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This chapter is from the book

Waste Not, Want Not

Even in the best of financial times, a software organization shouldn't be sloppy or wasteful with its resources: people, money, and time. There will always be more functions that could be added to the existing software if there were just a few more people around to do the work. There will always be more new software that could be developed if we just had a bit more money. There will always be a few more defects in existing systems that could be fixed if we just had a bit more time to fix them.

When financial times get tough, there are even fewer people around to do the work. There is also less money. But getting the work done quickly is even more critical than before. In tough financial times, it's even more important for the organization to use its resources wisely. A wasted person-day, a wasted dollar, or a wasted calendar-day will always be just that: wasted. As resources get scarcer, it becomes that much more important to get the best return out of your software investment.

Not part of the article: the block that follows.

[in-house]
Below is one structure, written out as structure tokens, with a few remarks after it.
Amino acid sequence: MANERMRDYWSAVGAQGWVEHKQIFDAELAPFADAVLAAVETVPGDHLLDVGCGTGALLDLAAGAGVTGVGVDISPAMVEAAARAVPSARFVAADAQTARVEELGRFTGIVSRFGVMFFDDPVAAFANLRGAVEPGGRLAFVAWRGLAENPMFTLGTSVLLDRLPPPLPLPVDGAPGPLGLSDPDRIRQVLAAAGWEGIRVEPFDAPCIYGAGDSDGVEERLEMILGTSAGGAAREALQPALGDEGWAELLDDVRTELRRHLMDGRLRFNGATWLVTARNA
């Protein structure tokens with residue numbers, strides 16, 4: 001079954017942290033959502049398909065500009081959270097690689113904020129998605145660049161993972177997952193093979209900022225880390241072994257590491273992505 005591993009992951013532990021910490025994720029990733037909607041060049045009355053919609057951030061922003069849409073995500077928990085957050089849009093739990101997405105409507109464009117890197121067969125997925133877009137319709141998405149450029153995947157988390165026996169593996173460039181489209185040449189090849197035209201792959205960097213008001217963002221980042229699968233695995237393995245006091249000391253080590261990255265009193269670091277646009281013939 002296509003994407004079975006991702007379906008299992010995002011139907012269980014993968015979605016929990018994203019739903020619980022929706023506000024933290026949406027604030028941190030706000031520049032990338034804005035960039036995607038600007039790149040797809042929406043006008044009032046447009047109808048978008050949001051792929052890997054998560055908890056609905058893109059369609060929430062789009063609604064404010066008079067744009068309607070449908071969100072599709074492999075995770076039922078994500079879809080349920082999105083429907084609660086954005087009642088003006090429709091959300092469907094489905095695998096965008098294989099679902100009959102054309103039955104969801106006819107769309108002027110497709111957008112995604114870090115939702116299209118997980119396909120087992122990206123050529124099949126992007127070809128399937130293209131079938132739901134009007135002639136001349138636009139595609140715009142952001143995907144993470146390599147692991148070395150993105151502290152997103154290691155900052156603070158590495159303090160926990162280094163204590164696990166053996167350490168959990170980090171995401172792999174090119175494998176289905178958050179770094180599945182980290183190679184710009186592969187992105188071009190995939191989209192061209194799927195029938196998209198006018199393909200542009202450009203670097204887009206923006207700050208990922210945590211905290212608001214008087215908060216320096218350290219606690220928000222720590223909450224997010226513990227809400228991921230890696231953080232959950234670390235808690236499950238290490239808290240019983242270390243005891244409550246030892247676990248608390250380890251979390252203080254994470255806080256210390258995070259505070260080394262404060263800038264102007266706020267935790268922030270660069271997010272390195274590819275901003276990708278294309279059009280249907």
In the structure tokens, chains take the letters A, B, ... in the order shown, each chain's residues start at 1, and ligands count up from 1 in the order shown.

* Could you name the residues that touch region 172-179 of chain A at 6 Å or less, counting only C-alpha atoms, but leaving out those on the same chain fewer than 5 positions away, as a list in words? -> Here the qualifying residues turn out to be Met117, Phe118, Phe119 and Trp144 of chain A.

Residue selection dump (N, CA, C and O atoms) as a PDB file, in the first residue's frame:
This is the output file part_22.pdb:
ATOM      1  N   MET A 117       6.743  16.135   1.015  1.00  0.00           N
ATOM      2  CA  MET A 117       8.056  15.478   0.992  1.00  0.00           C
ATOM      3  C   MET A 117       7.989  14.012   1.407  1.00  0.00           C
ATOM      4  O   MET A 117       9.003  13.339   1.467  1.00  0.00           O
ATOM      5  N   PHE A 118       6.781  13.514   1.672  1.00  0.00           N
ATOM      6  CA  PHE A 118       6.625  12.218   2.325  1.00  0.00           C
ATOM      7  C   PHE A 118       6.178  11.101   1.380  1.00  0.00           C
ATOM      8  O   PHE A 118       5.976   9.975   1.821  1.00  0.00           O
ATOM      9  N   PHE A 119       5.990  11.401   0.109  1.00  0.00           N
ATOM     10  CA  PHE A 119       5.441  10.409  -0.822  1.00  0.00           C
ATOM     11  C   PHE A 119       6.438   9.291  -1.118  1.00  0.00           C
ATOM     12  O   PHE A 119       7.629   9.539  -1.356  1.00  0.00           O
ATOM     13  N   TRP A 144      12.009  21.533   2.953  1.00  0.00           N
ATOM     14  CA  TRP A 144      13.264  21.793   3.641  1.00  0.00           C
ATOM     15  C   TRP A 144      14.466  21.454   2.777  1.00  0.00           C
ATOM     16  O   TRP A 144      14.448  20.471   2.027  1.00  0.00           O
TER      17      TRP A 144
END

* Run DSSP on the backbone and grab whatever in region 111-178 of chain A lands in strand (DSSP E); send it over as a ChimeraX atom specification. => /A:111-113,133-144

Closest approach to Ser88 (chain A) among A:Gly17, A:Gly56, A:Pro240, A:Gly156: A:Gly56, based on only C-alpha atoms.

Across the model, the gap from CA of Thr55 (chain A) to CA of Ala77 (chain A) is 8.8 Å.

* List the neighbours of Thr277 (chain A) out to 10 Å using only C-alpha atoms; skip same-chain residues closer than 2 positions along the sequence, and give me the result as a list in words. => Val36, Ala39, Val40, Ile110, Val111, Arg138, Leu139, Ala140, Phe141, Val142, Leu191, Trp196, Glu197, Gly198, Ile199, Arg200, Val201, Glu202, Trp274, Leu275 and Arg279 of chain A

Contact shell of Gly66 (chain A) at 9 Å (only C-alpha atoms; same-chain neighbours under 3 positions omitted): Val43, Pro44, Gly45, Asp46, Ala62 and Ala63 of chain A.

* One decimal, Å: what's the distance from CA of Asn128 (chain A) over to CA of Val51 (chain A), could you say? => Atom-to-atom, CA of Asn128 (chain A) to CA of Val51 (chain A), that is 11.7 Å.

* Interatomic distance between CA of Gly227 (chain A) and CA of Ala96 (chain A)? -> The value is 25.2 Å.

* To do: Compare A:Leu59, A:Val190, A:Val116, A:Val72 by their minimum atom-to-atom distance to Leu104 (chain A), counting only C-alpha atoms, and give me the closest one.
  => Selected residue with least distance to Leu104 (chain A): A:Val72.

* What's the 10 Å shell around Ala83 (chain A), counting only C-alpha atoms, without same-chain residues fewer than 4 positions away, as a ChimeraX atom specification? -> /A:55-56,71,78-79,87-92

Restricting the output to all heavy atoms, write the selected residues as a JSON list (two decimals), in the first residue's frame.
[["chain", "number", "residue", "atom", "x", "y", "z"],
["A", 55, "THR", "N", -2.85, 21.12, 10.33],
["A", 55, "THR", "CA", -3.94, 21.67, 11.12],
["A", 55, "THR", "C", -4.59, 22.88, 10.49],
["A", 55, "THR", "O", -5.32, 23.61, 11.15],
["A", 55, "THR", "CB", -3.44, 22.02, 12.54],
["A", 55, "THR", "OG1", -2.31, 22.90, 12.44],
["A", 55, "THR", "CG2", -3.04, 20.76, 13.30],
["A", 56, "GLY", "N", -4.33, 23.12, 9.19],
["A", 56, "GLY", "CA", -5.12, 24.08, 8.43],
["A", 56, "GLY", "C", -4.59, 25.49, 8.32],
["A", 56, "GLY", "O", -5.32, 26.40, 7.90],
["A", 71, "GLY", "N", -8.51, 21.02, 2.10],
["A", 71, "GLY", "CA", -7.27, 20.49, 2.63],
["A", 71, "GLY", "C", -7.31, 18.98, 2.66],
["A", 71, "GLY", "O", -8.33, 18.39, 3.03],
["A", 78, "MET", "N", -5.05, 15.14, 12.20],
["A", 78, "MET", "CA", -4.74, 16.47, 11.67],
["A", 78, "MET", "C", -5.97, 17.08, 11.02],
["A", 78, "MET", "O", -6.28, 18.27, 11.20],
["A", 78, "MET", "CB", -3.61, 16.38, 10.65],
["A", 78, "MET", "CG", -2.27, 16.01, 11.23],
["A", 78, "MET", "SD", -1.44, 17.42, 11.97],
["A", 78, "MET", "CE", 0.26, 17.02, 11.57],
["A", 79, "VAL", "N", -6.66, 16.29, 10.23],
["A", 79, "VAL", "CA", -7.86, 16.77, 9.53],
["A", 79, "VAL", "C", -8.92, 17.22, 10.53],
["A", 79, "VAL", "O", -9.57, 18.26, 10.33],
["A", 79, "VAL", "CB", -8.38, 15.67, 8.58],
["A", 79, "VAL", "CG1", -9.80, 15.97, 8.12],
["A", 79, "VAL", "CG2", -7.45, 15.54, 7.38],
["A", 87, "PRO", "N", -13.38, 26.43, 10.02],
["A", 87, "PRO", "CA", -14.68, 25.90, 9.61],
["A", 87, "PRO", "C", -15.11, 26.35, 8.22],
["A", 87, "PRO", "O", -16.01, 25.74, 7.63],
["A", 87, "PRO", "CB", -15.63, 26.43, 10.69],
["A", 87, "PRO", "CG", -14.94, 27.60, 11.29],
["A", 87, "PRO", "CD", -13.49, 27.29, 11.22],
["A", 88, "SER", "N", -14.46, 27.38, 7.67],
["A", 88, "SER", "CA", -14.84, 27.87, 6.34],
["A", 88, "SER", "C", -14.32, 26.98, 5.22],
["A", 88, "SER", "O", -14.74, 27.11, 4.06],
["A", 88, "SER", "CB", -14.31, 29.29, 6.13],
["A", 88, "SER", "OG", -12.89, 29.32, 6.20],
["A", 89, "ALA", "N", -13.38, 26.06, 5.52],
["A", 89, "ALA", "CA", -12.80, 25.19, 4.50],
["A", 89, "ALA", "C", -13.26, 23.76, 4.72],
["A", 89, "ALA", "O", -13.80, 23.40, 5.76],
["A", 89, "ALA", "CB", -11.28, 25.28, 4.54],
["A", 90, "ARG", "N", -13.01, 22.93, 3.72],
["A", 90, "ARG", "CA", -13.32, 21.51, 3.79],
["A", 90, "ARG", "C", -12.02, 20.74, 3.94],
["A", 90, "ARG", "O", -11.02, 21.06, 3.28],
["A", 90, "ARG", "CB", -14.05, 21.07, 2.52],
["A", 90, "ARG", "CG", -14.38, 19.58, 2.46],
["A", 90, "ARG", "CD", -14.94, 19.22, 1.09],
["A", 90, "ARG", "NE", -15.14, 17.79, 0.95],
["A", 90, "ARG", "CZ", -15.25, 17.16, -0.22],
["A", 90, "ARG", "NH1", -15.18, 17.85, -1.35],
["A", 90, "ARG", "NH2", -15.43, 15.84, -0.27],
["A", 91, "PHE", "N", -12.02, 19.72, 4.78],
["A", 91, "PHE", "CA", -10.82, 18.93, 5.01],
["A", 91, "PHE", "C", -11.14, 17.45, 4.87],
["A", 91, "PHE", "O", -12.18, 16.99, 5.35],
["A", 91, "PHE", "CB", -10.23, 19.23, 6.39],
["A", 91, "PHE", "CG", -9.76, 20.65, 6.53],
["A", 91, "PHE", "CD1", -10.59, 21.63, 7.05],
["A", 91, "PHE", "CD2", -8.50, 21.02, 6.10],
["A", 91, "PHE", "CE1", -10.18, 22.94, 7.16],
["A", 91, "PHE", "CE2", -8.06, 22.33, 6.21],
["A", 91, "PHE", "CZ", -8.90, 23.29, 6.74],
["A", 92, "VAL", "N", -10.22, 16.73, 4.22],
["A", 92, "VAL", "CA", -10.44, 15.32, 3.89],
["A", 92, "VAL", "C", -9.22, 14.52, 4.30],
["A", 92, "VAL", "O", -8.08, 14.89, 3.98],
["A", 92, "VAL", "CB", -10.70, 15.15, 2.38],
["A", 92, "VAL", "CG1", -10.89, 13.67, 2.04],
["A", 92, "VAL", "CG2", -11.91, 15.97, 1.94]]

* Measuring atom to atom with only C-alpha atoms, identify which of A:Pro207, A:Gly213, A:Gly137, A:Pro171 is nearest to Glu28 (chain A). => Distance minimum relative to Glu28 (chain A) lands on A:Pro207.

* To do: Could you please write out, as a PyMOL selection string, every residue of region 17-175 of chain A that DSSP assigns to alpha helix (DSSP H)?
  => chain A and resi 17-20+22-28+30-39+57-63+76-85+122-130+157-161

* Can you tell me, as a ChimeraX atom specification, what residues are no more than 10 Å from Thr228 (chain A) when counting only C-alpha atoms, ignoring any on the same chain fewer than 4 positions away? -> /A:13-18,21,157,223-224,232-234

This book is about getting the most out of your software investment. A lot of time and money has been spent on software since the first programs were written. Some of it was spent wisely, but some of it was not. Regardless of whether it will be spent wisely or not in the future, people will continue to spend time and money on software. So how will you know if your organization's time and money are being well spent? How can you find out if you'd get more return from investing your limited resources in some other way? When your boss asks you, "Is this the best way for us to be spending our limited time and money?" how can you answer in a way that gives your boss confidence you really know what you're talking about?

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